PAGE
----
The mediocrity principle

The mediocrity principle is a philosophical notion claiming that since life originated on Earth, it is quite possible that the same could happen – or already has happened – elsewhere in the universe. It has been taken to suggest as well that it doesn’t make sense to assume that you (or we) are particularly special, and that the universe doesn’t revolve around us. In other words, there is no reason to assume that our understanding of our immediate environment can be used to explain other environments.

This relates to teaching and particularly to “what works” teaching strategies. Just because something works in your classroom (or we think it works) for a particular set of pupils doesn’t mean it will work at another school – with another set of students. It doesn’t even mean it will work with another group of pupils a year from now. “What works” – is a fallacy. It doesn’t take into account the human complexity, their motivations, hopes, dreams and aspirations. “What works” is also, plain and simple – labelling people.

What works for #eal children, for instance? Well, it’s several things, really. It’s collaborative learning, it’s key visuals, it’s images, it’s DARTs (directed activities related to text), it’s barrier games, it’s modelling, it’s talk-to-writing approach, it’s lesson planning according to Gibbons’s Mode Continuum approach, it’s using metalanguage, it’s appropriate language-oriented questioning skills, it’s understanding the linkages between Bloom’s Taxonomy and Cummins’s BICS/CALP theory and using them in practice, it’s barrier games, it’s substitution tables, it’s highlighting, it’s colour-coding, it’s using Glogster, it’s storyboards, it’s teaching spelling or phonics in context… it’s all of those things.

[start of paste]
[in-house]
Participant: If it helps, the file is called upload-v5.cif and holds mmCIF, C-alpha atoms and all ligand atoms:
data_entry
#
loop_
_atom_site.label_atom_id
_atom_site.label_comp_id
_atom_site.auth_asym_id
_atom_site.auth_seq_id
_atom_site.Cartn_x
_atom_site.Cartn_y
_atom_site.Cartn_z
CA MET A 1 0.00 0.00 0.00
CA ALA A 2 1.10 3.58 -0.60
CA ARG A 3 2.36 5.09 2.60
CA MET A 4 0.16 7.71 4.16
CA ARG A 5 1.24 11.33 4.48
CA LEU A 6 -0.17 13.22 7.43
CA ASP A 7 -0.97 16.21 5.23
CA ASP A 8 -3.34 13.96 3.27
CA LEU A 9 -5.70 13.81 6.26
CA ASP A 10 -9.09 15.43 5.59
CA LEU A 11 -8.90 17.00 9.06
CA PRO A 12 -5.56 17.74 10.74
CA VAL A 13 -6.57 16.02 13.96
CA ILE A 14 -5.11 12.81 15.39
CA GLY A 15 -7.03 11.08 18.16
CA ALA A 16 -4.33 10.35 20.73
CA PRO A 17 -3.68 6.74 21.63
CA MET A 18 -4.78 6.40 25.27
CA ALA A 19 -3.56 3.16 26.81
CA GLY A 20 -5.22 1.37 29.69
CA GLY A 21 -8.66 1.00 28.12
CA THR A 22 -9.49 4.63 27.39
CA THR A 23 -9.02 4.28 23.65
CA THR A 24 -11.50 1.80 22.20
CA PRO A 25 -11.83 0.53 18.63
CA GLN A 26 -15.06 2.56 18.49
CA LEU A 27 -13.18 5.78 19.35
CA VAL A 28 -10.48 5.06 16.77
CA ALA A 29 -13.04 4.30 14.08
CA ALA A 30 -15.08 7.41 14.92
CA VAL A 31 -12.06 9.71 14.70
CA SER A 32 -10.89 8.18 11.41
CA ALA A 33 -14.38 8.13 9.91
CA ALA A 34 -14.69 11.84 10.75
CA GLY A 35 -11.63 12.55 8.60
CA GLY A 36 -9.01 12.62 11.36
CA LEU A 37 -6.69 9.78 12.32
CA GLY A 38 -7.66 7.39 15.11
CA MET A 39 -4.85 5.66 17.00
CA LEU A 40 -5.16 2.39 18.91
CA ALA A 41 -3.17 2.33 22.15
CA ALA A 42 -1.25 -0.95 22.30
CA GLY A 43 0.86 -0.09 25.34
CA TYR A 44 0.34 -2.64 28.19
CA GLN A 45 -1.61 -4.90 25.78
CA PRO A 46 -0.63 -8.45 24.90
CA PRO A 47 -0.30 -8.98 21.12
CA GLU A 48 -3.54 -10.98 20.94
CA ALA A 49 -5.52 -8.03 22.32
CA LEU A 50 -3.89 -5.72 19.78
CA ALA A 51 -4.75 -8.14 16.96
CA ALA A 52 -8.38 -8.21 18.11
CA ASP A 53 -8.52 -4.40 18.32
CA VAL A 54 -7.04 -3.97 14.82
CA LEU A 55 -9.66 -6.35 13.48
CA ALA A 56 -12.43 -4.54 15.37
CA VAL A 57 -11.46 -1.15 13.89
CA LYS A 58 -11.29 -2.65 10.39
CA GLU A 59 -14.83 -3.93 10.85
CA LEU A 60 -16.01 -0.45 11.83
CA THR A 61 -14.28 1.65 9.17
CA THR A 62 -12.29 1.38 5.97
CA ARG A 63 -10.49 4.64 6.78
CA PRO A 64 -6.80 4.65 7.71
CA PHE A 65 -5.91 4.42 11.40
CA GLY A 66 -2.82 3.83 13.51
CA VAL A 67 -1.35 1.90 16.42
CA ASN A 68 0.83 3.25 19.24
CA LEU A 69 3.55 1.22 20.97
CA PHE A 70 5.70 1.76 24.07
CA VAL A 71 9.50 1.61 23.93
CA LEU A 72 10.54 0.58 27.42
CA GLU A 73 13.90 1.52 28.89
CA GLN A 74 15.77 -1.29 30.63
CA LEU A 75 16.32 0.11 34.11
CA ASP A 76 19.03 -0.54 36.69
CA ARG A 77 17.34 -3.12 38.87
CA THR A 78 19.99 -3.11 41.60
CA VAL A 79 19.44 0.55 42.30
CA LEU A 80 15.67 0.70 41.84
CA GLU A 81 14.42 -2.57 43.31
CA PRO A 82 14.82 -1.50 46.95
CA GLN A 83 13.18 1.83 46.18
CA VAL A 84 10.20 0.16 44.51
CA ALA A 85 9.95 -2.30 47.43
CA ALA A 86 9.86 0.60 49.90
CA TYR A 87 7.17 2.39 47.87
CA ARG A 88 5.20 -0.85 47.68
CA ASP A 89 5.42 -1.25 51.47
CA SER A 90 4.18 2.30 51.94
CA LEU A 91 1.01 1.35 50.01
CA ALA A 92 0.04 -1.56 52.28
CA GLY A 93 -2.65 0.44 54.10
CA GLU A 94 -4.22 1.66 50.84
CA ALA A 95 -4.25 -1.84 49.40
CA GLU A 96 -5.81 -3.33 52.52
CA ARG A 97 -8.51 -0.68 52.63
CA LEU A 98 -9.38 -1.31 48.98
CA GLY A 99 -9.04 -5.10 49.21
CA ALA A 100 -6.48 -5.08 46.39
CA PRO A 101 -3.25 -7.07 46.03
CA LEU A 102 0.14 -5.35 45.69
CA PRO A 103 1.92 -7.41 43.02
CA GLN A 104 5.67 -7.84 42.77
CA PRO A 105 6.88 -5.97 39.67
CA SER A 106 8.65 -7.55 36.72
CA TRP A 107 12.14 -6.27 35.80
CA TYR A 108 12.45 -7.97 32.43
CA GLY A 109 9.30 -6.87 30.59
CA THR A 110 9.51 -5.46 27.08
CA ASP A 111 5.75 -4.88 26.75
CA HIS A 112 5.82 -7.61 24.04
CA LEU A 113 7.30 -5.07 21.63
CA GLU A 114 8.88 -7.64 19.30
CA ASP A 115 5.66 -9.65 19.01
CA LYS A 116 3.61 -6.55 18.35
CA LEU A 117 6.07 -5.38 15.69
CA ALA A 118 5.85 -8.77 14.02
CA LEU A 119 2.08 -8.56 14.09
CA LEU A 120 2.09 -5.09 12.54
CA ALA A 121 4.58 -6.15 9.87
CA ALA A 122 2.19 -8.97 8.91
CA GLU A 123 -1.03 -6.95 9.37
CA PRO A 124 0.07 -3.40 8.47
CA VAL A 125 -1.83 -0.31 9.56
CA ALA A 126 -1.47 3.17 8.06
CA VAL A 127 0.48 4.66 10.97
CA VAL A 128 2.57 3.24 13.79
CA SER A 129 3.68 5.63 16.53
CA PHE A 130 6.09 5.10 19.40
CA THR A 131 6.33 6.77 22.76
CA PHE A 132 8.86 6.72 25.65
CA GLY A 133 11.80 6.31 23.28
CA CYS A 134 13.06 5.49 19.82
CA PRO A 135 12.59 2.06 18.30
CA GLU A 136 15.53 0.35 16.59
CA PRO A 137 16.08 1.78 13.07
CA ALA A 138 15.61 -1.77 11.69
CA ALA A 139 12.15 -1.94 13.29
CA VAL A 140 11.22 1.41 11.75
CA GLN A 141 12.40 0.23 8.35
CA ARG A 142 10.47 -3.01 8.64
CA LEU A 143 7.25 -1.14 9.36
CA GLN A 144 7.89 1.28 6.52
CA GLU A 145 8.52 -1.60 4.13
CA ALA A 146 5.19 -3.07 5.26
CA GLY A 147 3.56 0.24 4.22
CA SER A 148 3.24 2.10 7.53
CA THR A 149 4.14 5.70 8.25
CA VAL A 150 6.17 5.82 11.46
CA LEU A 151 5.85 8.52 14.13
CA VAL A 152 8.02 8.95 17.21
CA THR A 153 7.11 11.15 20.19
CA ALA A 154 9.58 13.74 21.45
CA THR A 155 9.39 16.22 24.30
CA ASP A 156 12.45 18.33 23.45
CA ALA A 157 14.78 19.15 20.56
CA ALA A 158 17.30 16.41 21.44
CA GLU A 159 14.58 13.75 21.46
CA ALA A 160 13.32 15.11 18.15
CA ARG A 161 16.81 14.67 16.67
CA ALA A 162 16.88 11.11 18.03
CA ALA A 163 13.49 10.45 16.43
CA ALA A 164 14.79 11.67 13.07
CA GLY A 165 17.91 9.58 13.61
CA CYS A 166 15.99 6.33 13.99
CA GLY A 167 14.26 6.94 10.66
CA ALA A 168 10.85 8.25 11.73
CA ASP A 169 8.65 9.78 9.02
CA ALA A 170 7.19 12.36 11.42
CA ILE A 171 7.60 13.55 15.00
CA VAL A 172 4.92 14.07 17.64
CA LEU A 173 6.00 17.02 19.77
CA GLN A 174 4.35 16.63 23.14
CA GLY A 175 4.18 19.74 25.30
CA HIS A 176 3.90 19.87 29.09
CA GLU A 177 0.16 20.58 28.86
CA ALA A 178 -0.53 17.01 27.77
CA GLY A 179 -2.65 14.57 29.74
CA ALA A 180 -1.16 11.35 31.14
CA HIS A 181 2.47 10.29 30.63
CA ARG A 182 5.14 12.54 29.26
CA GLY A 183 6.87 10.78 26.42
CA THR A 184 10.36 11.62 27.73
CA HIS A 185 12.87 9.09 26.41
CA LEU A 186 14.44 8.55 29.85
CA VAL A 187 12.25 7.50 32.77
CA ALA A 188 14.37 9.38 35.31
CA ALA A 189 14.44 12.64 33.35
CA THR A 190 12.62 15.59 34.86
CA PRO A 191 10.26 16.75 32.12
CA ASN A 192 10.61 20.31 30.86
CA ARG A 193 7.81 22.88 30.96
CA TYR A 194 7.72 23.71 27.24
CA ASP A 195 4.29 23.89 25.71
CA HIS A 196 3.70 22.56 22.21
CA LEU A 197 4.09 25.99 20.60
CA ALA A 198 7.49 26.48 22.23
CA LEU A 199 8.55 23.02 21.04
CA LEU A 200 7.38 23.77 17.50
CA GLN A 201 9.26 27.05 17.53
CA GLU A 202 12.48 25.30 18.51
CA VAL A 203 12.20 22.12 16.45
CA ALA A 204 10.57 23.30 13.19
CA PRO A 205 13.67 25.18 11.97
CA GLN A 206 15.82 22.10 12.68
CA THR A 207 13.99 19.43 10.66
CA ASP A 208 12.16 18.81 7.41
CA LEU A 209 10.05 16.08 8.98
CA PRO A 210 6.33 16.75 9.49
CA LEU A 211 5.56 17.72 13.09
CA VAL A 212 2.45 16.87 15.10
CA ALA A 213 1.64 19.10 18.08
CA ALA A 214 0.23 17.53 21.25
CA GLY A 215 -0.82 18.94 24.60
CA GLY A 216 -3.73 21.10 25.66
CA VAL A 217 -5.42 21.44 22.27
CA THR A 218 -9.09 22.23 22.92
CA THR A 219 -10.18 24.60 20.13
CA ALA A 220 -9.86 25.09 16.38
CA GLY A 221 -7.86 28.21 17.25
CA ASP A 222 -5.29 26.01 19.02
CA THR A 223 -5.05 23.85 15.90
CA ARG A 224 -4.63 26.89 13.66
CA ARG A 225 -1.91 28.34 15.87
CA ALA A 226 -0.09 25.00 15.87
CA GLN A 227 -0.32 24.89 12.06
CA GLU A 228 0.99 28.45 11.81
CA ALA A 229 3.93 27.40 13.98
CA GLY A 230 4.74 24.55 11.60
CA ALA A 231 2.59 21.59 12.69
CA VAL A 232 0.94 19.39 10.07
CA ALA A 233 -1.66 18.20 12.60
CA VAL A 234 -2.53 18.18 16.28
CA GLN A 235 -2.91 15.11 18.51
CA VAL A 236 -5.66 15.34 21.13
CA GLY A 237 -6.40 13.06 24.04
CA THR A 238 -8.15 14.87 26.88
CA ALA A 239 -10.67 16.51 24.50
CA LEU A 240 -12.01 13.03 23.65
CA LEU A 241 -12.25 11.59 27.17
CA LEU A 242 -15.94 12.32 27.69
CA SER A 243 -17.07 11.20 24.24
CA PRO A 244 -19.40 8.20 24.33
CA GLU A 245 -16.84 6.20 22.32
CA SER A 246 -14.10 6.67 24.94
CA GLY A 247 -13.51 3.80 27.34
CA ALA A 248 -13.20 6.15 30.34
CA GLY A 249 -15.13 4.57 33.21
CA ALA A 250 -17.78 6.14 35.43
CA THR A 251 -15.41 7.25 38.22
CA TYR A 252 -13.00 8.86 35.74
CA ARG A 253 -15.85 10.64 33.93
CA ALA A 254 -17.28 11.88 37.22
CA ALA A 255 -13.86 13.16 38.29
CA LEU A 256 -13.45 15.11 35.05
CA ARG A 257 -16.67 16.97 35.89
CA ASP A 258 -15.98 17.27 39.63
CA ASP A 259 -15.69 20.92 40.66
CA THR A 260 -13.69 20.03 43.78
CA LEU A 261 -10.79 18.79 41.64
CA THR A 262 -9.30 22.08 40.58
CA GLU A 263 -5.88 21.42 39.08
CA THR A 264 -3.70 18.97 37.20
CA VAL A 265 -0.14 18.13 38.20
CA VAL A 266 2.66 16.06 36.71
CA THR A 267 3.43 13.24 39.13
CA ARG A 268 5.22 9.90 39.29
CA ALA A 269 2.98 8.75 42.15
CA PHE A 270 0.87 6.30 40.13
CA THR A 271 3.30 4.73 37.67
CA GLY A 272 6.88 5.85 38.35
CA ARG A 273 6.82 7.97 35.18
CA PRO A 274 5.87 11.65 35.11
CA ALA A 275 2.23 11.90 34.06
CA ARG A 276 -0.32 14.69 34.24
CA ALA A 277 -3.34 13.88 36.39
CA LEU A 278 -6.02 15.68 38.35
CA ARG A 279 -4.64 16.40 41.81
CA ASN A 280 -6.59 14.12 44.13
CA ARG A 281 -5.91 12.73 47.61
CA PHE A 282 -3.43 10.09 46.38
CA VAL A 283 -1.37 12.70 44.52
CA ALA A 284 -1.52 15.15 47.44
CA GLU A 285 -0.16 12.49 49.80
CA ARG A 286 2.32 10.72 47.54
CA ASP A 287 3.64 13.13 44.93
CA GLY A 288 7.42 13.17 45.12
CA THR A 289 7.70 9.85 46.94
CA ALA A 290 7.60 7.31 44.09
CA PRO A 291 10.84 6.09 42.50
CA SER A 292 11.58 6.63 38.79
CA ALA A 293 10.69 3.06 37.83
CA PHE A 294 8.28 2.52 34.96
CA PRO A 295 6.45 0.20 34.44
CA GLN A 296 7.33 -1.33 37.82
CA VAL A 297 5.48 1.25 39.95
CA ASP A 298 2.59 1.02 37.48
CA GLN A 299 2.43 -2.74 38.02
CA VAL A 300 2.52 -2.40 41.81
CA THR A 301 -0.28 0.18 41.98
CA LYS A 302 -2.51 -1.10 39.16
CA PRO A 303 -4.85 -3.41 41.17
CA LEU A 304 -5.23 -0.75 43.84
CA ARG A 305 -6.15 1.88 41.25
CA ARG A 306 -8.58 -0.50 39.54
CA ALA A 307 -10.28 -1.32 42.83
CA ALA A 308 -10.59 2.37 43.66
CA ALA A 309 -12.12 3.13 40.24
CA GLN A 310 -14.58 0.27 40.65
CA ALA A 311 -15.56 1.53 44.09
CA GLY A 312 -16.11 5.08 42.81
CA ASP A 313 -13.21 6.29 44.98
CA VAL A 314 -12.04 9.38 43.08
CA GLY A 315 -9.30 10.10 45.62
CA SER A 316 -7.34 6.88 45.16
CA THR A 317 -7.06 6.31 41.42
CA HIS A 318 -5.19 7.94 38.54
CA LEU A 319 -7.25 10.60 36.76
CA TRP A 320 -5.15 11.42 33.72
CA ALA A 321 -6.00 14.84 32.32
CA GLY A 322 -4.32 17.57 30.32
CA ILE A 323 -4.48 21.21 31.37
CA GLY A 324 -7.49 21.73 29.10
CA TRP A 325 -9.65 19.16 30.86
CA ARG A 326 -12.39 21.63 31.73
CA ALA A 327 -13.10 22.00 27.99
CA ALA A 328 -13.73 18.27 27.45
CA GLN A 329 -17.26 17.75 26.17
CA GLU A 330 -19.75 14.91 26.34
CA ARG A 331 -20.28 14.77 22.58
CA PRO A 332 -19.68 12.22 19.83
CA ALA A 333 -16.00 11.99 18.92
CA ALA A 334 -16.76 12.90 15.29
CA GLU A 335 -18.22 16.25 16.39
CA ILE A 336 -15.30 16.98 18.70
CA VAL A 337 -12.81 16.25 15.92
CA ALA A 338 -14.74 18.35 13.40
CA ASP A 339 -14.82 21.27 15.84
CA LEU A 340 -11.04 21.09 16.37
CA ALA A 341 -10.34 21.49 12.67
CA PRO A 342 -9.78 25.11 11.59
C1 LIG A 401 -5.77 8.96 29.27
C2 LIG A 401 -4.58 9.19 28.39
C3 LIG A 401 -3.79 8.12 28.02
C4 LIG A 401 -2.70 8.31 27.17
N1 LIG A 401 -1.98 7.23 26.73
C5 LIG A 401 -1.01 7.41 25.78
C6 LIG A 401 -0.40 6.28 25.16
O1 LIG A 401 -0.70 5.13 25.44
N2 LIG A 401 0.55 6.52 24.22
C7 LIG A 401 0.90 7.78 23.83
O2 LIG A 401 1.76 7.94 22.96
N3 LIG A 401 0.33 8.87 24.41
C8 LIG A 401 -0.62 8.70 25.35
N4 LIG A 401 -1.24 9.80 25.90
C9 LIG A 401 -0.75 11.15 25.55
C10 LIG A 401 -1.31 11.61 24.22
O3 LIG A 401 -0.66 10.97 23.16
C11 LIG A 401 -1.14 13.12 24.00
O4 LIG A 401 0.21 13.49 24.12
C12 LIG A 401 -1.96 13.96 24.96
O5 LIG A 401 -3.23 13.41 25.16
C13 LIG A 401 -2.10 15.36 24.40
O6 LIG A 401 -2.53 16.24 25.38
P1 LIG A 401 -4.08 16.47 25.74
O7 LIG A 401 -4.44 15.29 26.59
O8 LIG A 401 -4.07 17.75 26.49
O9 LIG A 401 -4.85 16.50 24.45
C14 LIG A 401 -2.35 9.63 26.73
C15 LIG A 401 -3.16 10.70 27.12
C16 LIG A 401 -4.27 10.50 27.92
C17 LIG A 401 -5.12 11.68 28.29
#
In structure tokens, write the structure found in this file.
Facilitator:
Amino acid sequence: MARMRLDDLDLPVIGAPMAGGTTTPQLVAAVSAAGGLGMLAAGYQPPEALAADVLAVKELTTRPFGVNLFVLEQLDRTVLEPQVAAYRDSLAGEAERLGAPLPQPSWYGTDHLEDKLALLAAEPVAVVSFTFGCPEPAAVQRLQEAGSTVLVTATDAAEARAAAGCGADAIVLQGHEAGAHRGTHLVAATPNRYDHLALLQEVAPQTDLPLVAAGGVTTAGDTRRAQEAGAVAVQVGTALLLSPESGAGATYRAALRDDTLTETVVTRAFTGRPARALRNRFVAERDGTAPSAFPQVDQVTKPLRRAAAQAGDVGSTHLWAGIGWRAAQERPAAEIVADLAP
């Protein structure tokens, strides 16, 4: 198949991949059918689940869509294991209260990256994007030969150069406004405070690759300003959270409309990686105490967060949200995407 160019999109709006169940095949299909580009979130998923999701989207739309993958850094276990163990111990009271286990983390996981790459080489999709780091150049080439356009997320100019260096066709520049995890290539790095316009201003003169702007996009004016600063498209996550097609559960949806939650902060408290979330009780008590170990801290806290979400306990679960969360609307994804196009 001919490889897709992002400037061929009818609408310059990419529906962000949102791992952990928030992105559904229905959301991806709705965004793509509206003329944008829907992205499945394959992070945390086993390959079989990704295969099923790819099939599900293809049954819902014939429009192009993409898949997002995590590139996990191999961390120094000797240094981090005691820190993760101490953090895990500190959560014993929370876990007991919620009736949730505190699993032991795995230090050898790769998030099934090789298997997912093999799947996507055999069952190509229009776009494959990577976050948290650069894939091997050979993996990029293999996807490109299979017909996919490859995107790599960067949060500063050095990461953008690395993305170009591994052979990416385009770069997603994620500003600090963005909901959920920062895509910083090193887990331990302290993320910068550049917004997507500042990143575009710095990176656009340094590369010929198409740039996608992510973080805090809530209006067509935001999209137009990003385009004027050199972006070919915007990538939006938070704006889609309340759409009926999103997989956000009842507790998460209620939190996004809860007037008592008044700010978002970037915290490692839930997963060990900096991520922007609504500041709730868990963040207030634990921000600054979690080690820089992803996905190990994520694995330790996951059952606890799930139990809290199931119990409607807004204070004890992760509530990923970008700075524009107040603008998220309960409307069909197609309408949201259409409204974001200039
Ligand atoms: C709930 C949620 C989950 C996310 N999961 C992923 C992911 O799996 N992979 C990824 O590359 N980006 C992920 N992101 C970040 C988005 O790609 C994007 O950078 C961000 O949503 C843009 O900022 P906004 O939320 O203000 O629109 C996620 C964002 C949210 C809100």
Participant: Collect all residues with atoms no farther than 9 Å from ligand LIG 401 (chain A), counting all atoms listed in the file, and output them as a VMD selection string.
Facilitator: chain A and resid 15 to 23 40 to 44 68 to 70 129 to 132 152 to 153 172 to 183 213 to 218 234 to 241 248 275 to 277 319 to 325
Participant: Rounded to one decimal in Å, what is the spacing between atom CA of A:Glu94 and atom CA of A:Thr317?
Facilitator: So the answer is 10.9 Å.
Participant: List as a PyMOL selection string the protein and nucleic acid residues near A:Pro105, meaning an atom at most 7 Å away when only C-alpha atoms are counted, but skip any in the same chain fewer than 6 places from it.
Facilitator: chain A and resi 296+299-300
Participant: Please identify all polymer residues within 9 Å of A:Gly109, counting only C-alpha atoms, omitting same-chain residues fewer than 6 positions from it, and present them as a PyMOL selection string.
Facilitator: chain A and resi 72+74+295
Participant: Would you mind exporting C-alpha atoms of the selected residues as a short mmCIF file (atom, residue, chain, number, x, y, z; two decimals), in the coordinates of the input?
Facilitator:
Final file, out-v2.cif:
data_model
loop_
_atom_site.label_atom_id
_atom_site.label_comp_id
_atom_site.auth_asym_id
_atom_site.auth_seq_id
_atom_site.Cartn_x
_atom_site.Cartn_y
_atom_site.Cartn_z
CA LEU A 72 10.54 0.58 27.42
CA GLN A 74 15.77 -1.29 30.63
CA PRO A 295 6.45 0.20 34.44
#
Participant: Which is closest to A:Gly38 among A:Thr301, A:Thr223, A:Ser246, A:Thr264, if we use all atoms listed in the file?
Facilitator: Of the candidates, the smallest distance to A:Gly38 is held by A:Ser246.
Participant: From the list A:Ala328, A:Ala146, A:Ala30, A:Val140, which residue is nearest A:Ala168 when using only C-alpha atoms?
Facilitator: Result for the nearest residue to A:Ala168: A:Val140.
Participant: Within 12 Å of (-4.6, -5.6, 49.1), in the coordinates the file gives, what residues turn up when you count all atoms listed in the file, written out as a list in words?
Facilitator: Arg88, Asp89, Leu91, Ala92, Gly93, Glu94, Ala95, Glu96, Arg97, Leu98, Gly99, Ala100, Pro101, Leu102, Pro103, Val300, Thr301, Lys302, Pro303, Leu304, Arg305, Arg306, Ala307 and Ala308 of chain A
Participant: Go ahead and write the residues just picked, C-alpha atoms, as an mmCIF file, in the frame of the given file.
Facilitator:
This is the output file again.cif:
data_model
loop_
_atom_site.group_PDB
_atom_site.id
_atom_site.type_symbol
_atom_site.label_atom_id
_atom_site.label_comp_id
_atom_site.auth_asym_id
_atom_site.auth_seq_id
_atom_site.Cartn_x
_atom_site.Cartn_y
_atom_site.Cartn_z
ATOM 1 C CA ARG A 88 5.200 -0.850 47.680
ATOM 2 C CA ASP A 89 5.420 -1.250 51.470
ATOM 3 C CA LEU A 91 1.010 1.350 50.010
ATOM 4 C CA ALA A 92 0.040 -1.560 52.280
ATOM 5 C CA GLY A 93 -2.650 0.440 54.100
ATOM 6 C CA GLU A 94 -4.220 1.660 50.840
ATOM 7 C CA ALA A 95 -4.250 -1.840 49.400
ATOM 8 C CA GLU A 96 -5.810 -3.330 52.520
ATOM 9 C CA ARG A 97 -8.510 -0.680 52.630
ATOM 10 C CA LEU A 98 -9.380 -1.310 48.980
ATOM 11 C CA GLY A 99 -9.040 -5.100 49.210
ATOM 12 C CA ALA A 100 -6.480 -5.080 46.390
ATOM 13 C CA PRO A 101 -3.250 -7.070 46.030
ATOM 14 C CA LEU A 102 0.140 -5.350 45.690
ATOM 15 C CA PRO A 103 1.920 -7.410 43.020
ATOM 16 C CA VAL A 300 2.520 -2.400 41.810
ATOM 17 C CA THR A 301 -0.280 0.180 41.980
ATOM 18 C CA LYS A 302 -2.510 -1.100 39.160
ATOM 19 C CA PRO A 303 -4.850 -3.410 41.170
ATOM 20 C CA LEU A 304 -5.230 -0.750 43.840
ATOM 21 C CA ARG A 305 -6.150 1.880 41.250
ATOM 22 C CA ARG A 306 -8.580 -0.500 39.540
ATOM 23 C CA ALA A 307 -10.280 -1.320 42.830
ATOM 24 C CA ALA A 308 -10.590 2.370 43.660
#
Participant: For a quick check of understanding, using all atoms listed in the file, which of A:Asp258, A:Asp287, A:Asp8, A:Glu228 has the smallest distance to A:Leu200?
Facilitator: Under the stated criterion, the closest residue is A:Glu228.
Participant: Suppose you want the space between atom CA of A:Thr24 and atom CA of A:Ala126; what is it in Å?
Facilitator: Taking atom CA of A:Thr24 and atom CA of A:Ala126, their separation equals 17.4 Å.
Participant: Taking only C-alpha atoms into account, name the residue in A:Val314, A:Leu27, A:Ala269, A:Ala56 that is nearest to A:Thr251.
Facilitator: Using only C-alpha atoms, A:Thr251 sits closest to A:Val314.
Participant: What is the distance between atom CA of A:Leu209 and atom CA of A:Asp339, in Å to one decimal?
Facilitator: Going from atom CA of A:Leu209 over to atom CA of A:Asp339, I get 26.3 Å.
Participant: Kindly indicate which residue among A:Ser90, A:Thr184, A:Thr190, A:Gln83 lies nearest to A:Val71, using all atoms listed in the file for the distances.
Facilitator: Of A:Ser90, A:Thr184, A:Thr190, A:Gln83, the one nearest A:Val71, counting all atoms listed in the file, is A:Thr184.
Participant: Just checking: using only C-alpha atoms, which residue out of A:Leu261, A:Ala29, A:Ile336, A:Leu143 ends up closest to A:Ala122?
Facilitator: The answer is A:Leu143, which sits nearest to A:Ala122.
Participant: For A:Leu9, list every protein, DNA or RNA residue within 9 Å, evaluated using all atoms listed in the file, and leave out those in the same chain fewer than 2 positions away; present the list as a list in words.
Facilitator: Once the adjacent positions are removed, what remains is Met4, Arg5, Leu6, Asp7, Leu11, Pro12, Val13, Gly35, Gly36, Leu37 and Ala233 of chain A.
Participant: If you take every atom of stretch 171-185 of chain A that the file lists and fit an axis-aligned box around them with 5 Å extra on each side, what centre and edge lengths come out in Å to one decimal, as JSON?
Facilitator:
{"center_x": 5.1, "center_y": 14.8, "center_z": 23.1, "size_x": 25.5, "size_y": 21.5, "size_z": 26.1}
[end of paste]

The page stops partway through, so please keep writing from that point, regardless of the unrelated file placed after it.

I will challenge anyone who claims that one (or a set of three) or one particular scheme “works”. It doesn’t. Collaborative learning works, yes, but the next lesson you try something else. You expose children to different ways of thinking – about the language and the content of the lessons, and give them opportunities to work through different and varying tasks. We need to look at the children and – precisely that – differentiate.

Teachers often look for “strategies for EAL”. I’ve often been under the pressure to deliver a strategy-based whole-school training (several different schools). Trouble is, what’s the point of having one or two strategies when you don’t understand the underlying issues? How do you know which one to choose for which child if you don’t understand how first language acquisition differs from second language acquisition? How do you know why you use graphic organisers or collaborative learning without this basic background knowledge? I urge schools to think of starting with the background knowledge first – the strategies (you can then devise your own) will follow quite naturally.

And apply the mediocrity principle. Yes, a barrier game worked for this lesson. Doesn’t mean it will always work – it might not even work tomorrow. What works for you today won’t necessarily work for another teacher. One strategy for all EAL learners and all teachers? Seriously?


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